Apart from that feature, the application adds little. The screen shows you the two M1/M2 preset stations, offers the big C button for ClearScan, and places a tuning dial around the edges of the ClearScan button so you can change stations—a position that more than once had us accidentally changing the station we’d previously dialed in. Perhaps the single most useful changes wrought by the app are full explanations of the three Pro audio settings, and the fact that you can see which stations have been saved as presets, but these are truly trivial additions to the prior-generation hardware. Generally, we found little reason to bother loading the app at all, as the same features were easier to access from the transmitter than from interrupting whatever we were doing to load the app. It goes without saying that users of the iPod nano and classic—or even iPod touch and iPhone users—won’t miss much without using the application.


Review: Belkin TuneCast Auto Live

Review: Belkin TuneCast Auto Live

Overall, TuneCast Auto Live offers relatively small improvements on its 2008 predecessor: it’s a competent combination of a car charger and FM transmitter that delivers acceptable results with or without Belkin’s new application, selling for the same somewhat iffy $80 price as before. As with all in-car FM transmitters these days, it’s a third-best solution relative to direct line-in audio and even cassette tape adapters, and should only be chosen by users who don’t have auxiliary audio-in ports or tape decks to use as alternative means of bringing in iPod or iPhone sound. Our hope is that Belkin will continue to work on the app, adding more functionality and a superior means to determine whether or not the GPS functionality is working properly.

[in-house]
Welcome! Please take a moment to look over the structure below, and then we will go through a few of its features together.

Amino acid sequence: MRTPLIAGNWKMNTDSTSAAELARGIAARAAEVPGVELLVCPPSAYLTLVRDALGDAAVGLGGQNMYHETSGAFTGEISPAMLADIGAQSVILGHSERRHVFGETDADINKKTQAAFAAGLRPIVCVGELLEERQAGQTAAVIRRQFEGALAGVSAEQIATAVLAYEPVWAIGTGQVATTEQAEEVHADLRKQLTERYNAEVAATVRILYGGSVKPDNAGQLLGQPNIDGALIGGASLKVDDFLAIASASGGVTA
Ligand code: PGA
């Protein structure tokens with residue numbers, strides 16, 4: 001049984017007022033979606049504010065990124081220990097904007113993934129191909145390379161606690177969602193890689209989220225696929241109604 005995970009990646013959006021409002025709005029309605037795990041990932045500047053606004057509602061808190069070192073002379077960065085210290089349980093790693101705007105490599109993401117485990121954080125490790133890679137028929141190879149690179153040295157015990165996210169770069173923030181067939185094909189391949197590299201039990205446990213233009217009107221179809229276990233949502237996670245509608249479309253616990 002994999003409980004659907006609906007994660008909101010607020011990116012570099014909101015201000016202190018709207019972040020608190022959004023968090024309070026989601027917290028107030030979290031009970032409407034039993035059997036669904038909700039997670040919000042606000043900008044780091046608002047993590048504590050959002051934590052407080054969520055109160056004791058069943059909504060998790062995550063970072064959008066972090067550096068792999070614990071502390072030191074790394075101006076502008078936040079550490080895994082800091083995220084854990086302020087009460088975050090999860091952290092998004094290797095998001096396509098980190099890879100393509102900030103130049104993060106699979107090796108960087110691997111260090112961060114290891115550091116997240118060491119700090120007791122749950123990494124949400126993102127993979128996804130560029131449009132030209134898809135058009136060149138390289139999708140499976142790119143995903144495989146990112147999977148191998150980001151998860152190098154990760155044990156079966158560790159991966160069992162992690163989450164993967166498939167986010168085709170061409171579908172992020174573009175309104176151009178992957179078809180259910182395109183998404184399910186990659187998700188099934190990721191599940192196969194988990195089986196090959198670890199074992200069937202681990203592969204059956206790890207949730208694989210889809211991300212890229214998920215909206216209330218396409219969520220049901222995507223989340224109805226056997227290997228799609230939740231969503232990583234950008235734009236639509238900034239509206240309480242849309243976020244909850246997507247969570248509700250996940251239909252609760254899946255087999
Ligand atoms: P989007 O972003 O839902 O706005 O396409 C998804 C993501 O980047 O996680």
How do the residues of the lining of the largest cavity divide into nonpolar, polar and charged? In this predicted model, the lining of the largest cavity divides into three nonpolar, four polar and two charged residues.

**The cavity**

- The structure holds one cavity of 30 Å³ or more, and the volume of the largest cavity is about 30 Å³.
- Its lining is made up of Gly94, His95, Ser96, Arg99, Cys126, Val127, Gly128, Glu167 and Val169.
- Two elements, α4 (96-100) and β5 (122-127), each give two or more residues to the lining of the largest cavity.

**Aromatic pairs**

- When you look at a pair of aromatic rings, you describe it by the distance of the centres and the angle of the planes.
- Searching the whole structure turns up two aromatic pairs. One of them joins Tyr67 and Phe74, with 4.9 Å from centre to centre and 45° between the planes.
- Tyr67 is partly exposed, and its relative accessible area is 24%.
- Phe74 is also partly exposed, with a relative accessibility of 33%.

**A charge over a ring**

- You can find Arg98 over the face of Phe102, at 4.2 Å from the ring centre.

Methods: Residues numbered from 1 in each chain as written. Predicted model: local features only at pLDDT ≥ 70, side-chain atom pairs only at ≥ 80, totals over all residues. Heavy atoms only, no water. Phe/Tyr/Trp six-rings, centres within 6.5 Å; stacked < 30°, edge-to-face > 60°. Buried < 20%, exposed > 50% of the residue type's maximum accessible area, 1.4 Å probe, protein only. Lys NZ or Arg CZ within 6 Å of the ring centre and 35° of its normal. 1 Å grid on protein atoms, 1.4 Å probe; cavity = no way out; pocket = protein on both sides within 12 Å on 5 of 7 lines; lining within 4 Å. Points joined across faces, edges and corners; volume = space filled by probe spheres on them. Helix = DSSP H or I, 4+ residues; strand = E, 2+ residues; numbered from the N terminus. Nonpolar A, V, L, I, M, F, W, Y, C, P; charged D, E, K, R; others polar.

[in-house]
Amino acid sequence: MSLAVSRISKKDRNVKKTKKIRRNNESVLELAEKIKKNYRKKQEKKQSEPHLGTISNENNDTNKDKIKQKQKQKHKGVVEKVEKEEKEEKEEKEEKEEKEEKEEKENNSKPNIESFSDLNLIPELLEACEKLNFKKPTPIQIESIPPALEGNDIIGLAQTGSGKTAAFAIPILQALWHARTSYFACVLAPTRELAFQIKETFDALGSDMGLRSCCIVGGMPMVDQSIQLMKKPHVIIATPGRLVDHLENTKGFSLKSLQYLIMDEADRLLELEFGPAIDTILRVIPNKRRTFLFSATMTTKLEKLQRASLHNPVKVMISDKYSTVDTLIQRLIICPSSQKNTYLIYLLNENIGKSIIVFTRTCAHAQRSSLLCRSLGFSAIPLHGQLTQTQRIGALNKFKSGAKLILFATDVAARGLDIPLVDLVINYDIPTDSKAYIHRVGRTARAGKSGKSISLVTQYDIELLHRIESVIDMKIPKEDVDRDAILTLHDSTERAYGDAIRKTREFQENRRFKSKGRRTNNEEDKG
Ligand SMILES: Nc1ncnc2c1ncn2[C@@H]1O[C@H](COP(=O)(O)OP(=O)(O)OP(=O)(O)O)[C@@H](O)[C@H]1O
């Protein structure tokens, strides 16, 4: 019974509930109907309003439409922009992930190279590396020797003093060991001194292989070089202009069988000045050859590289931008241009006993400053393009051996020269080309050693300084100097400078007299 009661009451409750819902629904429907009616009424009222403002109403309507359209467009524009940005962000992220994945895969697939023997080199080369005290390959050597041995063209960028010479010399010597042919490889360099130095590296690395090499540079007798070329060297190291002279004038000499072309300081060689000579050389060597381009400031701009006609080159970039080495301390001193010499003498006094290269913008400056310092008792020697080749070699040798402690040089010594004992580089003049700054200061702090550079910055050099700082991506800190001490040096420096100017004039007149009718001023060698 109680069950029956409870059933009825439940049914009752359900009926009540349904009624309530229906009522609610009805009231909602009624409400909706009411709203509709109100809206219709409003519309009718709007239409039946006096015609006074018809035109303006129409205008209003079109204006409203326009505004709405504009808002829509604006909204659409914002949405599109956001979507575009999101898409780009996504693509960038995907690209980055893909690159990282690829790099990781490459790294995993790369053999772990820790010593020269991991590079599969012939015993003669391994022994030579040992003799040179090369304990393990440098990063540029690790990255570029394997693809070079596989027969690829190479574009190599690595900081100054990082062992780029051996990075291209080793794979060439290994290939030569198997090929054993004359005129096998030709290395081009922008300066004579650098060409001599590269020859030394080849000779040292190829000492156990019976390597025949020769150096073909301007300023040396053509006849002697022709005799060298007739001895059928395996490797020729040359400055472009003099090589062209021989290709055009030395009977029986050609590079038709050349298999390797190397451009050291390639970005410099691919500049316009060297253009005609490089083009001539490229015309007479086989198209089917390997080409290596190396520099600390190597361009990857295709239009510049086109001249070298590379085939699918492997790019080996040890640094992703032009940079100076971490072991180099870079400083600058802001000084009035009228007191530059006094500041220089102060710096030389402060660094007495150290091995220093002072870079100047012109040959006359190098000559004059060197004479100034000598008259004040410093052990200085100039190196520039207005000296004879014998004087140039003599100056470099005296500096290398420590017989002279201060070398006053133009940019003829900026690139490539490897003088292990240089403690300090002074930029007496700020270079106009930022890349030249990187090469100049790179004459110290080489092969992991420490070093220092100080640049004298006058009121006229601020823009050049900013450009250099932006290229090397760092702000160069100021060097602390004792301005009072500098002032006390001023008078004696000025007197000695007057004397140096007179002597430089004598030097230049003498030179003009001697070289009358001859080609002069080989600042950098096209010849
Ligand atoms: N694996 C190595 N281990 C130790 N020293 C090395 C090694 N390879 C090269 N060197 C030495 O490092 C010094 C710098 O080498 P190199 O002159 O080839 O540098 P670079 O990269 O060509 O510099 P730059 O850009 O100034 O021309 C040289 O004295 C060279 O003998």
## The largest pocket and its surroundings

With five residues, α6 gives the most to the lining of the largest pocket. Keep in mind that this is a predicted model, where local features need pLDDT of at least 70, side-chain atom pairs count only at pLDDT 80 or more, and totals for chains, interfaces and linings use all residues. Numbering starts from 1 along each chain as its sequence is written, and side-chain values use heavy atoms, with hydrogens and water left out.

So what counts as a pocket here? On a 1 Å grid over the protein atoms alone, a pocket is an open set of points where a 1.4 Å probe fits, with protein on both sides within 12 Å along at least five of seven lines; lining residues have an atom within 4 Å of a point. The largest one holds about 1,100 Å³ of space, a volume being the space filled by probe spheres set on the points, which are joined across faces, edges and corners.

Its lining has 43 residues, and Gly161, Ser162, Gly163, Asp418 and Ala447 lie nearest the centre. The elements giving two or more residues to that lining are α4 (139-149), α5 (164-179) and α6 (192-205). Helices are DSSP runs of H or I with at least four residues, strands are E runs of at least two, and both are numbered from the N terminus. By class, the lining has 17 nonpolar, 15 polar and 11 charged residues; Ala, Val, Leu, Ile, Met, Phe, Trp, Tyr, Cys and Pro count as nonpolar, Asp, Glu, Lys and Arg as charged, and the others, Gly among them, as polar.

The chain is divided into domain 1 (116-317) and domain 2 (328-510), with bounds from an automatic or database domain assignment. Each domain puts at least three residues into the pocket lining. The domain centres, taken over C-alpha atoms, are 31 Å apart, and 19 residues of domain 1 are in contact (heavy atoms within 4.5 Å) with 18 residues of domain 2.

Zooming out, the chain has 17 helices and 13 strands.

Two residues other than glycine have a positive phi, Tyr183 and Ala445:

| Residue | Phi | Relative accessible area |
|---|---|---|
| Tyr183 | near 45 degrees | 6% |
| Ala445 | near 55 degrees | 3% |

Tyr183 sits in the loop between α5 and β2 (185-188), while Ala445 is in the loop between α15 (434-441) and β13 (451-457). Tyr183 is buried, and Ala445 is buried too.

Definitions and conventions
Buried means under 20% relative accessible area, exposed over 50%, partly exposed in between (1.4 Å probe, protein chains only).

Our Rating


Company and Price

Company: Belkin

Website: www.Belkin.com

Model: TuneCast Auto Live

Price: $80

Compatible: iPod classic, nano, touch, iPhone, iPhone 3G/3GS*

Jeremy Horwitz

Jeremy Horwitz was the Editor-in-Chief at iLounge. He has written over 5,000 articles and reviews for the website and is one of the most respected members of the Apple media. Horwitz has been following Apple since the release of the original iPod in 2001. He was one of the first reviewers to receive a pre-release unit of the device, and his review helped put iLounge on the map as a go-to source for Apple news.